Add Excerpts to a SharePoint 2013 Blog

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Blogging and the Internet seem to go hand-in-hand, so it's only fitting that Microsoft should include a ready-made blogging app as part of SharePoint. It includes most of the things you would expect of a blogging app, but there are some areas where it falls short. How a SharePoint blog displays lists of articles is one of them. It seems to take an all-or-nothing approach of either displaying only the title, date, and byline, as with the categories and archives views, or displaying the entire article text, as with the blog home page. Out of the box, there's no middle ground.

Today, I want to show you one solution for displaying excerpts (instead of the entire article) in a SharePoint blog. Before I dive in, I want to preface this with a couple of disclaimers. Firstly, I assume that you are comfortable enough with SharePoint 2013 to know how to edit pages and add columns to SharePoint lists. Also, as with programming in general, there are lots of ways to solve this problem. When evaluating this solution for your own use, you should consider your project's needs, your comfort level with the method described, and your personal preferences.

Let's dive in...

Step 1: Add an Excerpt column

Before your blog can have excerpts, it needs somewhere to put them. While you could just truncate the contents of the Body column, storing the excerpt separately means that you can give your content authors more control over what's displayed with minimal effort. Here's how to set that up:

  1. Navigate to your blog subsite, then go into Site Settings.
  2. Within Site Administration, select the Site libraries and lists, then choose Customize Posts.
  3. Create a column named "Excerpt" with the type Multiple lines of text. You can leave the other options at their defaults or modify them as you see fit, however this article assumes that the Excerpt column allows enhanced rich text.

Now, when you create a new blog post, you should notice an additional Excerpt field at the bottom of the form. That's great, but it also means yet another box your content authors have to fill in. Who wants to type in the same information twice? And what happens if they forget?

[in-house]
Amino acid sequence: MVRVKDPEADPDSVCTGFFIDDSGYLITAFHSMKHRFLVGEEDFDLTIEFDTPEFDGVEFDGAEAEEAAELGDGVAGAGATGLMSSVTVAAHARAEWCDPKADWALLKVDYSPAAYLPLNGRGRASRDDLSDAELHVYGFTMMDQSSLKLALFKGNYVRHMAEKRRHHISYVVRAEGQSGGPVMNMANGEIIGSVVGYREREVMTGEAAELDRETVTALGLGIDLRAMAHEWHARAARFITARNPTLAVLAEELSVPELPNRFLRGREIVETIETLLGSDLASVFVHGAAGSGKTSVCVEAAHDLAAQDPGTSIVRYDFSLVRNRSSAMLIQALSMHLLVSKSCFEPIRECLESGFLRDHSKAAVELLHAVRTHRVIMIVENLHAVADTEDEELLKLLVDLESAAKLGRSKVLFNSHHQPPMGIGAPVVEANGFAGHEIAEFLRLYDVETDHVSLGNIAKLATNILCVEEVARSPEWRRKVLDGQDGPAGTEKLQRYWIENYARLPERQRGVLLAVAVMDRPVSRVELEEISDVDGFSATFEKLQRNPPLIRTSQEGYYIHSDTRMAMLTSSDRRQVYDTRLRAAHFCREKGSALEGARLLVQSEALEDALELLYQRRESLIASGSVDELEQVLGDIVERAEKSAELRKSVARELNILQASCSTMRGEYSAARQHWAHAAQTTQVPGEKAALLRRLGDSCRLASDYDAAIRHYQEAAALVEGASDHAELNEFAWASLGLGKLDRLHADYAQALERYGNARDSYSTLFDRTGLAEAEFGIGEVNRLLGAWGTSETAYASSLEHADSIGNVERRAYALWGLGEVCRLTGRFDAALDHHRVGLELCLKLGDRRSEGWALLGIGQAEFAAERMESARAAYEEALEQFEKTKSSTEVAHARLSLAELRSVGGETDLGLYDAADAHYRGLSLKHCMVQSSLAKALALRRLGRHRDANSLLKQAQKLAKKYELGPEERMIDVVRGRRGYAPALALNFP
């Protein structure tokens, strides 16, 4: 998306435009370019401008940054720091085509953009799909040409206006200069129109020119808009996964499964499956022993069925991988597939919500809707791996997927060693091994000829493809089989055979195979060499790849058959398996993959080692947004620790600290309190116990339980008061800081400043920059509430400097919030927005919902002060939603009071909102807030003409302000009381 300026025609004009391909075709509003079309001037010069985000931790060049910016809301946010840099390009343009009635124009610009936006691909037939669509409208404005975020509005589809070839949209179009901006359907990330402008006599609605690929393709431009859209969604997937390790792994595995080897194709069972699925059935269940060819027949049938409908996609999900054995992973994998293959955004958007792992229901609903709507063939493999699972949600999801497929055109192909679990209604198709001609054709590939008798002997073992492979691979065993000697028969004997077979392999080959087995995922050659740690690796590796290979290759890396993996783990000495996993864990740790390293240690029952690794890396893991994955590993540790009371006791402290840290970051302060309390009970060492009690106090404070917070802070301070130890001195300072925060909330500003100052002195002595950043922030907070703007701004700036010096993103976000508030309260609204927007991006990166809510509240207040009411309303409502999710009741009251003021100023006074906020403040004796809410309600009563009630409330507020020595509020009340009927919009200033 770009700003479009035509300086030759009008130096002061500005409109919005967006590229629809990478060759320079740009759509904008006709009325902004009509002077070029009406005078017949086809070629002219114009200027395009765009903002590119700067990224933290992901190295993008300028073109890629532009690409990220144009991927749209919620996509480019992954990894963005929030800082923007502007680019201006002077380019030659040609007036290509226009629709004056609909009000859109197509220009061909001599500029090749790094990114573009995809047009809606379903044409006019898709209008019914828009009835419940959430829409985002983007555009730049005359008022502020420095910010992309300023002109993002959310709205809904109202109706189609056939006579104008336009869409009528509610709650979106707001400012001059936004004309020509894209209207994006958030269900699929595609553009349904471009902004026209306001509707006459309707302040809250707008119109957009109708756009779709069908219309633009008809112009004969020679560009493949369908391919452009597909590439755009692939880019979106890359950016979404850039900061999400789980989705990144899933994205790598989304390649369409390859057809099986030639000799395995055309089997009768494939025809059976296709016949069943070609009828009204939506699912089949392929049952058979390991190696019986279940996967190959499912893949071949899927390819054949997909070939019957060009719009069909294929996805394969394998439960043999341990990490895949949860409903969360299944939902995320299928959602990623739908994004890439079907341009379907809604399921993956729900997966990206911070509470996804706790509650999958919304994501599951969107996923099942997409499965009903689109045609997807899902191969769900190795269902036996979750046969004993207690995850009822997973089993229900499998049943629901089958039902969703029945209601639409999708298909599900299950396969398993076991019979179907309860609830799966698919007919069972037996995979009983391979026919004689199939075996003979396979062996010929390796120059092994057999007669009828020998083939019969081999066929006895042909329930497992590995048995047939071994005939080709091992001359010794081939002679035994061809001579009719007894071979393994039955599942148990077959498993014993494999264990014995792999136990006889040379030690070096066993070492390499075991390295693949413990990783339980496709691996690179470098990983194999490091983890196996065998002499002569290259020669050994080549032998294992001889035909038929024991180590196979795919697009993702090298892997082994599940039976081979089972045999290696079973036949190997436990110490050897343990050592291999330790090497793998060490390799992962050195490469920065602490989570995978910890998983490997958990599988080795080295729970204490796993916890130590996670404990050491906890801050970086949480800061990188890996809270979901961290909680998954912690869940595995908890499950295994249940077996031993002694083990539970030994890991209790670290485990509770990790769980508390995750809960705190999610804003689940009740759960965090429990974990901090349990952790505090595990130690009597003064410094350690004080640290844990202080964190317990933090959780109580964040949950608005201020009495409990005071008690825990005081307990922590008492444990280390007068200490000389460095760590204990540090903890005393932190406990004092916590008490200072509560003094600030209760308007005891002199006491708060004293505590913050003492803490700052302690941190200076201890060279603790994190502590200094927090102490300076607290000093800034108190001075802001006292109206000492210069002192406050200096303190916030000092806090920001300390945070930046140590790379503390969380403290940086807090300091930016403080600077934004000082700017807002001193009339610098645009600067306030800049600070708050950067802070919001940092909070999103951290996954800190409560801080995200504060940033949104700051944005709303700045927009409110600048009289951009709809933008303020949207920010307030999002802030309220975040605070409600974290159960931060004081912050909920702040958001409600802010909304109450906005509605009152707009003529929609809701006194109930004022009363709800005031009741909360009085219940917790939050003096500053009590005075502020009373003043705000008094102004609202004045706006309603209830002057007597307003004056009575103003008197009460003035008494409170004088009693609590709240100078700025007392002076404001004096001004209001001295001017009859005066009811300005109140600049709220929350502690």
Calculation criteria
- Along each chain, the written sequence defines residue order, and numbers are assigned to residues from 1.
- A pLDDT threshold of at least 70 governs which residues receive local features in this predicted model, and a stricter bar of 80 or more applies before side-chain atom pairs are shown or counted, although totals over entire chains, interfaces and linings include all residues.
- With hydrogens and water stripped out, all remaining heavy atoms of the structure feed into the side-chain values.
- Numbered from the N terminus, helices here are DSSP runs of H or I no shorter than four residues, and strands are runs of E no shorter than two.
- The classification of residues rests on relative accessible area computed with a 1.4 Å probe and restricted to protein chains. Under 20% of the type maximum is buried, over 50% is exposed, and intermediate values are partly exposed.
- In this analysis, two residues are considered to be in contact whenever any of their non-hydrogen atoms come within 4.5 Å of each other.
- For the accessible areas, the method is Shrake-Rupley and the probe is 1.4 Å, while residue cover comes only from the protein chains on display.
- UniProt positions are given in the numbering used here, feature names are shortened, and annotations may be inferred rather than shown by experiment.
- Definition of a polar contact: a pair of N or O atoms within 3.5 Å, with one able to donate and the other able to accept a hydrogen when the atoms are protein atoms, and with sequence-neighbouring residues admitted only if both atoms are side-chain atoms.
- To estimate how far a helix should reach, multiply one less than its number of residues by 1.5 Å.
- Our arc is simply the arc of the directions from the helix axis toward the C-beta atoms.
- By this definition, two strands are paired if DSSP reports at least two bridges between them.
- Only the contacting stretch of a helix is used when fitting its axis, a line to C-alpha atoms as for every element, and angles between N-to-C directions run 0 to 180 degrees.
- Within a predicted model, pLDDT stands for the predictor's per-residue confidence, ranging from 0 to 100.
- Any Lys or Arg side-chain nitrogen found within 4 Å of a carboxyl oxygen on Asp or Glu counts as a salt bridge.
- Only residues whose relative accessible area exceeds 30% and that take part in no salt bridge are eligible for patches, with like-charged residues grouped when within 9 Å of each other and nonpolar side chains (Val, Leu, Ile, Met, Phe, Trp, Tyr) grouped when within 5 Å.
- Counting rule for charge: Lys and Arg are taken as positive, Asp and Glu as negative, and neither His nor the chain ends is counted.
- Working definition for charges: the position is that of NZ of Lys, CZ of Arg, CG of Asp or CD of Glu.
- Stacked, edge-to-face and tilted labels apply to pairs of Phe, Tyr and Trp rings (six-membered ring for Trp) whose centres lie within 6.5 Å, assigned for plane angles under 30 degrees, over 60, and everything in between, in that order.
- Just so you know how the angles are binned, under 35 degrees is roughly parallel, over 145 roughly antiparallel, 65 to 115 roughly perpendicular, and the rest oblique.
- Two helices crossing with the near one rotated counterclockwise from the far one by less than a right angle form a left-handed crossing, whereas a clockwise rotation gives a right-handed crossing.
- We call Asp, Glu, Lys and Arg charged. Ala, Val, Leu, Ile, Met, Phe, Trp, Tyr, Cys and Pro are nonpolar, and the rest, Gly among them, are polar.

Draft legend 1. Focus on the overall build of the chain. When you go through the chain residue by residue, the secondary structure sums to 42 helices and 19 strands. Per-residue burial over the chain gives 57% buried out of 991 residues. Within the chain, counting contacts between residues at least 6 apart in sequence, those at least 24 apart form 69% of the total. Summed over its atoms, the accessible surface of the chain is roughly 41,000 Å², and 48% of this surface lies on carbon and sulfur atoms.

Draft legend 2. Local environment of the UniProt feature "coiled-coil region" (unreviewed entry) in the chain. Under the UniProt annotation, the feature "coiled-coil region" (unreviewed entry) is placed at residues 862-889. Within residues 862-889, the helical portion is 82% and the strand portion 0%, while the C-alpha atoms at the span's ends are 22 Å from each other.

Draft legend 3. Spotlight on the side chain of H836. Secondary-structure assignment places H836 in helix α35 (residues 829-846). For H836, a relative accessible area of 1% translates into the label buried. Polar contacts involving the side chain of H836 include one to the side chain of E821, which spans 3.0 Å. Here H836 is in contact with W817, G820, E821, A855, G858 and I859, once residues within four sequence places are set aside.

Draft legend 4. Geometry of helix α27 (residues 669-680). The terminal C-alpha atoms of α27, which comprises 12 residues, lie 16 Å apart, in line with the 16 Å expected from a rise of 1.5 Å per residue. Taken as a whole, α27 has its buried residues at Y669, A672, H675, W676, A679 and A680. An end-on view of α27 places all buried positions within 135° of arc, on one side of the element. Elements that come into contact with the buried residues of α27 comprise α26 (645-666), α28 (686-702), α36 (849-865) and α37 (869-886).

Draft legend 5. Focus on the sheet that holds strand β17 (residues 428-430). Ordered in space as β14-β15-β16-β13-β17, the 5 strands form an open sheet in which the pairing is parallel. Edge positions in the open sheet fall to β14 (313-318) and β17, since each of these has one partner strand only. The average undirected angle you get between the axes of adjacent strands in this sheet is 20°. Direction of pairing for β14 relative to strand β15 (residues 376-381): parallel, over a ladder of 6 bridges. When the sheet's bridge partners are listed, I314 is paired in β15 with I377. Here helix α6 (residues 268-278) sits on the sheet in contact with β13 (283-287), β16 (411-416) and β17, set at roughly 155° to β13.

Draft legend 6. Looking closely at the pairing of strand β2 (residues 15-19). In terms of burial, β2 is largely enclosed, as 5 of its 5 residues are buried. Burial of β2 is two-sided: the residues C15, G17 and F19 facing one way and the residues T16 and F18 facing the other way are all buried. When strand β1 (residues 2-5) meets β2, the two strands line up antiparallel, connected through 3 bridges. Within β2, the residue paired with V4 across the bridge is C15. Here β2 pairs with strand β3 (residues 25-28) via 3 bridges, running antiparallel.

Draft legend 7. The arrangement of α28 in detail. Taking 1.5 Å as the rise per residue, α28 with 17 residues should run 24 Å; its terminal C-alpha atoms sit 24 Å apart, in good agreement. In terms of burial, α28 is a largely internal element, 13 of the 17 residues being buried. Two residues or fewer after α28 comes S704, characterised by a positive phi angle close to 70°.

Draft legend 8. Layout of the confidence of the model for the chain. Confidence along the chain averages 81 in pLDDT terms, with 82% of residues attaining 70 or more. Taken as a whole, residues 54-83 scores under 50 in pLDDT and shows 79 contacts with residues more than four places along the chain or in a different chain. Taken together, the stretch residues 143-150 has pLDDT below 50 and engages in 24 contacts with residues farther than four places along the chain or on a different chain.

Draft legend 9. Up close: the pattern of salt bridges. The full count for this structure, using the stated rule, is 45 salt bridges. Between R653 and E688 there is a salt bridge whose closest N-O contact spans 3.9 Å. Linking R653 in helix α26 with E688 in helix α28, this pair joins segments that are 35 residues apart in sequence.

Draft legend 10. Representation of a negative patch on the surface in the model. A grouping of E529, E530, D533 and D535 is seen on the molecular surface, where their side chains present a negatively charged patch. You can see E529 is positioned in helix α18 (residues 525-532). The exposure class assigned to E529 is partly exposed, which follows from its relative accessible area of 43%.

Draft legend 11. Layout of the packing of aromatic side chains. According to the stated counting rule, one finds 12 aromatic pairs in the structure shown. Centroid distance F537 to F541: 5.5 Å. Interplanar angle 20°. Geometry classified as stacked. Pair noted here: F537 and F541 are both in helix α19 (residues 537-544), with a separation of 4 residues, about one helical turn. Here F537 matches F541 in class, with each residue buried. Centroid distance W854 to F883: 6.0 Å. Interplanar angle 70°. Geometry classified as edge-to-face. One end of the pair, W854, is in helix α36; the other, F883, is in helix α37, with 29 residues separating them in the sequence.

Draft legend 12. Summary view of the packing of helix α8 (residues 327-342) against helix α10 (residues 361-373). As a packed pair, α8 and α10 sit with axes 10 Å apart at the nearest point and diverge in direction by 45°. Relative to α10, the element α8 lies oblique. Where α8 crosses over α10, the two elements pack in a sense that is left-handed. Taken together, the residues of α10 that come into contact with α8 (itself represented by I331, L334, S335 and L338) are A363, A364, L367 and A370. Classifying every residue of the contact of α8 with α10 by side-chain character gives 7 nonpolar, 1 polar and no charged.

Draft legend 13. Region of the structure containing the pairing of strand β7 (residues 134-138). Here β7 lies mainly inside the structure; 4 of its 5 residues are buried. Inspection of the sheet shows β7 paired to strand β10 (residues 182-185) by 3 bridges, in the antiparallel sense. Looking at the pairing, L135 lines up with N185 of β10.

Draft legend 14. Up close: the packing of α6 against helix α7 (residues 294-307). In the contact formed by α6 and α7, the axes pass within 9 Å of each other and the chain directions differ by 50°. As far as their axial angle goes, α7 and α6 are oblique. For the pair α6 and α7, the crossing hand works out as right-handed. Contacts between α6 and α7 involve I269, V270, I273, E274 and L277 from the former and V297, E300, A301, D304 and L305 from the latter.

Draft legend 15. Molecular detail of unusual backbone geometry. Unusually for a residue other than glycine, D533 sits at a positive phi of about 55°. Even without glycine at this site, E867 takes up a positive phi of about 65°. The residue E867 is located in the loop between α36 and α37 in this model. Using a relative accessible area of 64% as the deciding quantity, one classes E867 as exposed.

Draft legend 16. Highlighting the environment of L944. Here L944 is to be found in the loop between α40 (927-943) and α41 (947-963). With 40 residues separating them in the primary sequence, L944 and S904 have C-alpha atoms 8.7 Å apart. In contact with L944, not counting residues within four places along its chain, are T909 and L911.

Step 2: Populate the Excerpt field automatically

Let's save your authors some time by copying the first paragraph of the Body field over to the Excerpt field automatically. Even better, let's make it so that changes in the Body field get copied over to the Excerpt field as well, unless the author has modified the Excerpt field separately, as we don't want to undo their changes. Here's how:

<script>
// Automatically copy the first paragraph from the Body field to the Excerpt field anytime the Body field loses focus, unless the user has edited the Excerpt field.
function PopulateExcerptField() {
    $(document).ready(function() {
        var dirt = '<span id="ms-rterangecursor-start" rtenodeid="1"></span><span id="ms-rterangecursor-end"></span><br>';
        var OldExcerpt = $("div[role='textbox'][id^='Excerpt_']").html().split(dirt).join('');

        $("div[role='textbox'][id^='Body_']").on('blur',function() {
        var excerpt = $("div[role='textbox'][id^='Excerpt_']");

            if(excerpt.html() == OldExcerpt) {
                var firstParagraph = $(this).children('p').first().html().split(dirt).join('');
                excerpt.html('<p>' + firstParagraph + '</p>');
                OldExcerpt = excerpt.html();
            }
        });
    });
}

// Load jQuery if it doesn't already exist
(function() {

    if(typeof jQuery === 'undefined') {
        var headTag = document.getElementsByTagName("head")[0];
        var jqTag = document.createElement('script');
        jqTag.type = 'text/javascript';
        jqTag.src = '//cdnjs.cloudflare.com/ajax/libs/jquery/1.11.1/jquery.min.js';
        jqTag.onload = PopulateExcerptField;
        headTag.appendChild(jqTag);
    } else {
        PopulateExcerptField();
    }
})();

</script>

Also available as a Github Gist.

  1. Save the above gist as "PopulateExcerptField.html" and upload it to the Site Assets library within SharePoint.
  2. Navigate to your blog and go to the Create a Post page.
  3. Edit the page and add a new "Content Editor" web part, which is found under the Media and Content folder.
  4. Hover over the upper-right corner of the Content Editor web part until you see a small triangle or arrow, click on it, and choose Edit Web Part.
  5. Enter the following into the Content Link field: "/SiteAssets/PopulateExcerptField.html"
  6. Click Apply, then in the SharePoint ribbon under the Page tab click Stop Editing.
  7. (Optional) Repeat for the Edit a Post page.

Note that this code relies on JQuery, so I'm loading it from a CDN if it doesn't already exist. There are better ways to include javascript libraries in SharePoint, but that's beyond the scope of this article.

Step 3: Display the excerpts on your blog

So, our posts now have excerpts, and we've made our content authors' lives easier by adding some automation to the post creation process. But we still need a way to display them to our visitors. This is where things get complicated. Fret not. I'll take you through it step by step.

Excerpts = {
    FirstPostID: -1,
    LastPostID: -1,

    // Instead of the contents of the Body field, returns a temporary placeholder that we can easily find and replace.
    // Also finds and stores the lowest and highest post IDs for later use.
    ReplaceBody: function(ctx) {
        var id = parseInt(ctx.CurrentItem.ID);

        if(id < Excerpt.FirstPostID || Excerpt.FirstPostID === -1) {

            Excerpt.FirstPostID = id;
        }

        if(id > Excerpt.LastPostID) {

            Excerpt.LastPostID = id;
        }

        var ret = "<p id='excerpt_placeholder_" + id + "'>Loading...</p><p><a href='" + _spPageContextInfo.webServerRelativeUrl + "/Lists/Posts/Post.aspx?ID=" + id + "'>Read More</a></p>";

        return ret;
    },

    // Fetches the excerpts and replaces the placeholder elements with them.